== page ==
All Opinions Wrong But Useful

@rixx@chaos.social · @rixxtr

Compare Yourself


Common wisdom (aka concerned friends and parents) will tell you not to compare yourself to others. But comparing yourself to others can be super helpful if you do it right. Plus, you’re probably doing it anyways, so you might as well get it right. We’re all different on infinite axes, and all of them invite comparison.

First off: Of course there is something to be said for the advice your friends have given you. If you routinely compare yourself to others, only to feel bad about your shortcomings, they are right: don’t do that. That way lies misery, envy, and a terrible habit of ranking people into value hierarchies.

Hierarchies are at the bottom of this. If you habitually class people as fundamentally better or worse than you, you’ll be unhappy, because there will always be somebody better, richer, prettier, stronger or more productive than you. It’s a numbers game, really – with this many people around, you will always find people for unfavourable comparisons.

The basis for healthy comparisons is the assumptions that we’re all equal. Yeah – me, you, the homeless person at the corner, Leonardo di Caprio, the politician you hate the most – we’re all fundamentally equal. None of us is less worth or less worthy than the other.

Some people think like this by default. If you don’t, it’s a bunch of work to get to this point. It’s worth it, though – the payoff is the knowledge that you’re fundamentally ok. Or, like a wise man once said¹:

I don't think you're special
I mean, I think you're special
But you fall within a bell curve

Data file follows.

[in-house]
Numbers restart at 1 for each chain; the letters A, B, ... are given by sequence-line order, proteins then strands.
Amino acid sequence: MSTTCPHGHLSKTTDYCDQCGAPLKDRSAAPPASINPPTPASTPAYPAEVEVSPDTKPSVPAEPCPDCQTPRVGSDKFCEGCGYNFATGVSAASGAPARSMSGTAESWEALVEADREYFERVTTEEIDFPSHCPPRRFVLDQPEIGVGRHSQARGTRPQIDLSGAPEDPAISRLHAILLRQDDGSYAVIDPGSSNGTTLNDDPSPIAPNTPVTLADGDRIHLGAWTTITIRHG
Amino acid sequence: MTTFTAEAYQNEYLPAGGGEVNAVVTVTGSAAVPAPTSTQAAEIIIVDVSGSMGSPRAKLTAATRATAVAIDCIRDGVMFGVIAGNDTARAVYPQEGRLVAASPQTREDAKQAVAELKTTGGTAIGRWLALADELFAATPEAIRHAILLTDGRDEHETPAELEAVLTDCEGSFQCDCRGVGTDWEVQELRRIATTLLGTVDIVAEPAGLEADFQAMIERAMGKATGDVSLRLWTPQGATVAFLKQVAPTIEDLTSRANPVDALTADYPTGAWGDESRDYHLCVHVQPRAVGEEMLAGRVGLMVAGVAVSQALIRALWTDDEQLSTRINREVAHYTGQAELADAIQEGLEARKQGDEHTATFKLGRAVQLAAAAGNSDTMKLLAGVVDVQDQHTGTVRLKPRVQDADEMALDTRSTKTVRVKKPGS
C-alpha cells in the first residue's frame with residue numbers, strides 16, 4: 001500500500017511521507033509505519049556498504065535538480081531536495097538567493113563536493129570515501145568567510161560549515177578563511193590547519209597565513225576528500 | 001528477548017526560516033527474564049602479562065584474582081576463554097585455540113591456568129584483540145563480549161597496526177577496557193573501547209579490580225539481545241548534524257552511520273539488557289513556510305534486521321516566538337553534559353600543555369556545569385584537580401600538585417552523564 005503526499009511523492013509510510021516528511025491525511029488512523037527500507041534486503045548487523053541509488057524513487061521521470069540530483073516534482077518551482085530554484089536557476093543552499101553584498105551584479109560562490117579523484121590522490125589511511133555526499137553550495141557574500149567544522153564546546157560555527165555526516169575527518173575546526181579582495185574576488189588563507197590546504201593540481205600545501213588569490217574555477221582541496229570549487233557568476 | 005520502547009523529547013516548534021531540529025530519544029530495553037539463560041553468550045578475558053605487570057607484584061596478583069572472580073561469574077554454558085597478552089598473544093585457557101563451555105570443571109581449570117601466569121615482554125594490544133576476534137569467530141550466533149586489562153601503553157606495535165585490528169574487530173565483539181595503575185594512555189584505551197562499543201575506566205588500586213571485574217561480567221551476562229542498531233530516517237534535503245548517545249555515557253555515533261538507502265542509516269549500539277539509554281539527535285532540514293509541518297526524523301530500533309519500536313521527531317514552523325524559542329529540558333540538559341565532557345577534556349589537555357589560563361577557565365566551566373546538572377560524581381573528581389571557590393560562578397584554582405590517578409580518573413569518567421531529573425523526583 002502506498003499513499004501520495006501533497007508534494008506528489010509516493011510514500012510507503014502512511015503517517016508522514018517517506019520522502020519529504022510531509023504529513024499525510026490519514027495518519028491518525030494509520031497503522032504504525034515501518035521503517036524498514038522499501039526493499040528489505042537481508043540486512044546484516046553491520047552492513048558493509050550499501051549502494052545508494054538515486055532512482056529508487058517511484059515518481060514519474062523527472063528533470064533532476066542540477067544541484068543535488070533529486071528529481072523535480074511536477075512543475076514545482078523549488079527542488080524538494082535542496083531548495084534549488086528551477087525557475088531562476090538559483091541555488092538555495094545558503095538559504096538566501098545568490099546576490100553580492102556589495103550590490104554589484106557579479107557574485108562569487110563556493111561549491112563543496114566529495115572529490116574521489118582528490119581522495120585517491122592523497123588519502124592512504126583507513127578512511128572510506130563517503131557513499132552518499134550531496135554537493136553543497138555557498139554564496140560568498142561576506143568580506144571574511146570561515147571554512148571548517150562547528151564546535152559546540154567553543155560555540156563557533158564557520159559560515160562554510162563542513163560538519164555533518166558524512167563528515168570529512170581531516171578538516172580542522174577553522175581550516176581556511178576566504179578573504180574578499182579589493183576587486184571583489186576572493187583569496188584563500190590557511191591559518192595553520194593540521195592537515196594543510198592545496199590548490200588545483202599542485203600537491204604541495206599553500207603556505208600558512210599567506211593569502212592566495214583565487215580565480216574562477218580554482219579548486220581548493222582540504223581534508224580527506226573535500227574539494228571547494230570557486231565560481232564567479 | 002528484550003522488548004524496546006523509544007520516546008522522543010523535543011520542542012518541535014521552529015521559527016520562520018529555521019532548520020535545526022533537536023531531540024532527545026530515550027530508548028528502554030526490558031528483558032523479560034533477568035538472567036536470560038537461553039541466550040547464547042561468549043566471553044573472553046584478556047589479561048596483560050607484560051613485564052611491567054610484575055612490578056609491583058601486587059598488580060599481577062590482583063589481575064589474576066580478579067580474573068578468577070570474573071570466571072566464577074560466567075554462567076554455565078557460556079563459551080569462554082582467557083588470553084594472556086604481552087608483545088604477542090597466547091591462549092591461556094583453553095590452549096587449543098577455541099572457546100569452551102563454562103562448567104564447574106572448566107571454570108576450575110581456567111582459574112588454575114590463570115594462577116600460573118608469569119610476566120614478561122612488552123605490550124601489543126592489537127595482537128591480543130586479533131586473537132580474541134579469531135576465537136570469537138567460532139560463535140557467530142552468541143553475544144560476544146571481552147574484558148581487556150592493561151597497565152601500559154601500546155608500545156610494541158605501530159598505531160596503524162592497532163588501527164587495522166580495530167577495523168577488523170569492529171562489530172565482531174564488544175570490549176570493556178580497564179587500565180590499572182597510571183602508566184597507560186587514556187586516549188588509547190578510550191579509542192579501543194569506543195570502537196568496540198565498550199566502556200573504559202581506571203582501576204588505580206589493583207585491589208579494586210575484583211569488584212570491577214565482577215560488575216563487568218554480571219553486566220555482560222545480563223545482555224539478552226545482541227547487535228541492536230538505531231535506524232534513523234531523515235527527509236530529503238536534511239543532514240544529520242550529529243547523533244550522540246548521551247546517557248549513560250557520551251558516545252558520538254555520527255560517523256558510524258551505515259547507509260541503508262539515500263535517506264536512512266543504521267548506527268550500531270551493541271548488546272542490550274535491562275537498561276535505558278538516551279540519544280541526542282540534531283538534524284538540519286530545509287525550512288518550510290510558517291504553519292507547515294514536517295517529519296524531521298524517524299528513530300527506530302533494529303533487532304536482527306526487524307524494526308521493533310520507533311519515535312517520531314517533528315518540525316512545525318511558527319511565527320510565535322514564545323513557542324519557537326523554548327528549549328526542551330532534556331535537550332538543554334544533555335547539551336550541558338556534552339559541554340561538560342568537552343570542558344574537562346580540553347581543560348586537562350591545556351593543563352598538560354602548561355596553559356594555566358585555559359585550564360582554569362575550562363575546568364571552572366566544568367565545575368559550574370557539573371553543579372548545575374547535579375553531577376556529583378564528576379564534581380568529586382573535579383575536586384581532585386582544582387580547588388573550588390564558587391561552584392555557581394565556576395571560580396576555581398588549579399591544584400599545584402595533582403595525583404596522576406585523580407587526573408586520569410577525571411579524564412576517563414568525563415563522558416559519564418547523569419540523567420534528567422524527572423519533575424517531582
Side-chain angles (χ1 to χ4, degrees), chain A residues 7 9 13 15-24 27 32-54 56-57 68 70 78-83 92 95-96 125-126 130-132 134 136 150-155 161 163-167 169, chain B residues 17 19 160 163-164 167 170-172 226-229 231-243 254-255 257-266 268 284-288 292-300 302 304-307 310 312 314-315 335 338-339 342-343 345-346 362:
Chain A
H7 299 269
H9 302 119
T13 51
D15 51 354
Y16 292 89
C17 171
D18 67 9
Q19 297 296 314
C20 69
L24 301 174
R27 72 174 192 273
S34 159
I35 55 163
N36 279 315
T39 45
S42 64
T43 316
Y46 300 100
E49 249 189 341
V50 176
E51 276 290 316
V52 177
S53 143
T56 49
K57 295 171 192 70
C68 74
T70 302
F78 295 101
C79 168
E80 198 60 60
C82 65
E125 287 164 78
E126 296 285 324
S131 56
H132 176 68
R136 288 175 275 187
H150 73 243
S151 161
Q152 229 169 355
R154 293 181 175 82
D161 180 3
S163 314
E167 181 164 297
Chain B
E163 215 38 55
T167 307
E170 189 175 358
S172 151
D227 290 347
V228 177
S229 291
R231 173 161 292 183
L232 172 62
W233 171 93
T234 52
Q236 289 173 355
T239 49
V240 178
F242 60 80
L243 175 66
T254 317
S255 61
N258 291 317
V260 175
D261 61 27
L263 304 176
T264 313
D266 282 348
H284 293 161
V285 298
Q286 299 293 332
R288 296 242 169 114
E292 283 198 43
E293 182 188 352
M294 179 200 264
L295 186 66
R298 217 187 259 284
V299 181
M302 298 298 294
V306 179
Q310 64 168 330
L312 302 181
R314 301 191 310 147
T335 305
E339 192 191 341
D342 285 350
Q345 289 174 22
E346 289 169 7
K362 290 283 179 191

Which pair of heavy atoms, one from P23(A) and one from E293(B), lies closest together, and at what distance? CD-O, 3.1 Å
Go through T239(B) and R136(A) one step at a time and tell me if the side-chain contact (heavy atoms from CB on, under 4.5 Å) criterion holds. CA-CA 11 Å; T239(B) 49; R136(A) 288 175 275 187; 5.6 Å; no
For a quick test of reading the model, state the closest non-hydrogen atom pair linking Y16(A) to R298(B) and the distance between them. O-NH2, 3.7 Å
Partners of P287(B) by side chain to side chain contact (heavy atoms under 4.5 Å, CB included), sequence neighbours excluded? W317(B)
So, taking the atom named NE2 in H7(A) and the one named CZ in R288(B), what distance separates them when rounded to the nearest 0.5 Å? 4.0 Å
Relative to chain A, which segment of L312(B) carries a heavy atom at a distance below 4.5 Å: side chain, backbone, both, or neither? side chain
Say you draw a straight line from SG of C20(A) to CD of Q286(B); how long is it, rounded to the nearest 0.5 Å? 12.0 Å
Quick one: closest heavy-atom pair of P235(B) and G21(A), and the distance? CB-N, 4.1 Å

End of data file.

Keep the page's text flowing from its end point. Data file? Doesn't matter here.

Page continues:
Coming from the assumption that we’re all equal, comparisons don’t have to be painful. This friend can run faster than you, your colleague is better at dealing with a certain kind of problem, your buddy is rich, Leonardo di Caprio is prettier and can act better than you. Making honest comparisons like that is very helpful in figuring out where you are and where you’d like to be. It’s easy to look at somebody and go “I wish I had their life” – but that’s not quite the truth. You’d like some aspects of their life, and others you really wouldn’t enjoy – because a) you’re not them, and b) their life is not perfect. So instead figure out which aspects you feel you’re lacking in, and look into working on them, if possible.

Dispassionate assessments like that can make your life much easier, too. For example, a friend of mine recently found a solution to a personal problem I’m also working on. But he’s terribly clever, way more intelligent than me, and his solution is matched to his intelligence. I might be able to use it, but it would be uncomfortable and awkward. The fact that I can just look at the two of us, judge him to be more intelligent, and resolve to look for a solution that fits me better – it’s a base for happiness.

Don’t tie your self-worth to comparisons. But do compare yourself to others in the knowledge that we’re all equal.

¹ Tim Minchin, If I Didn’t Have You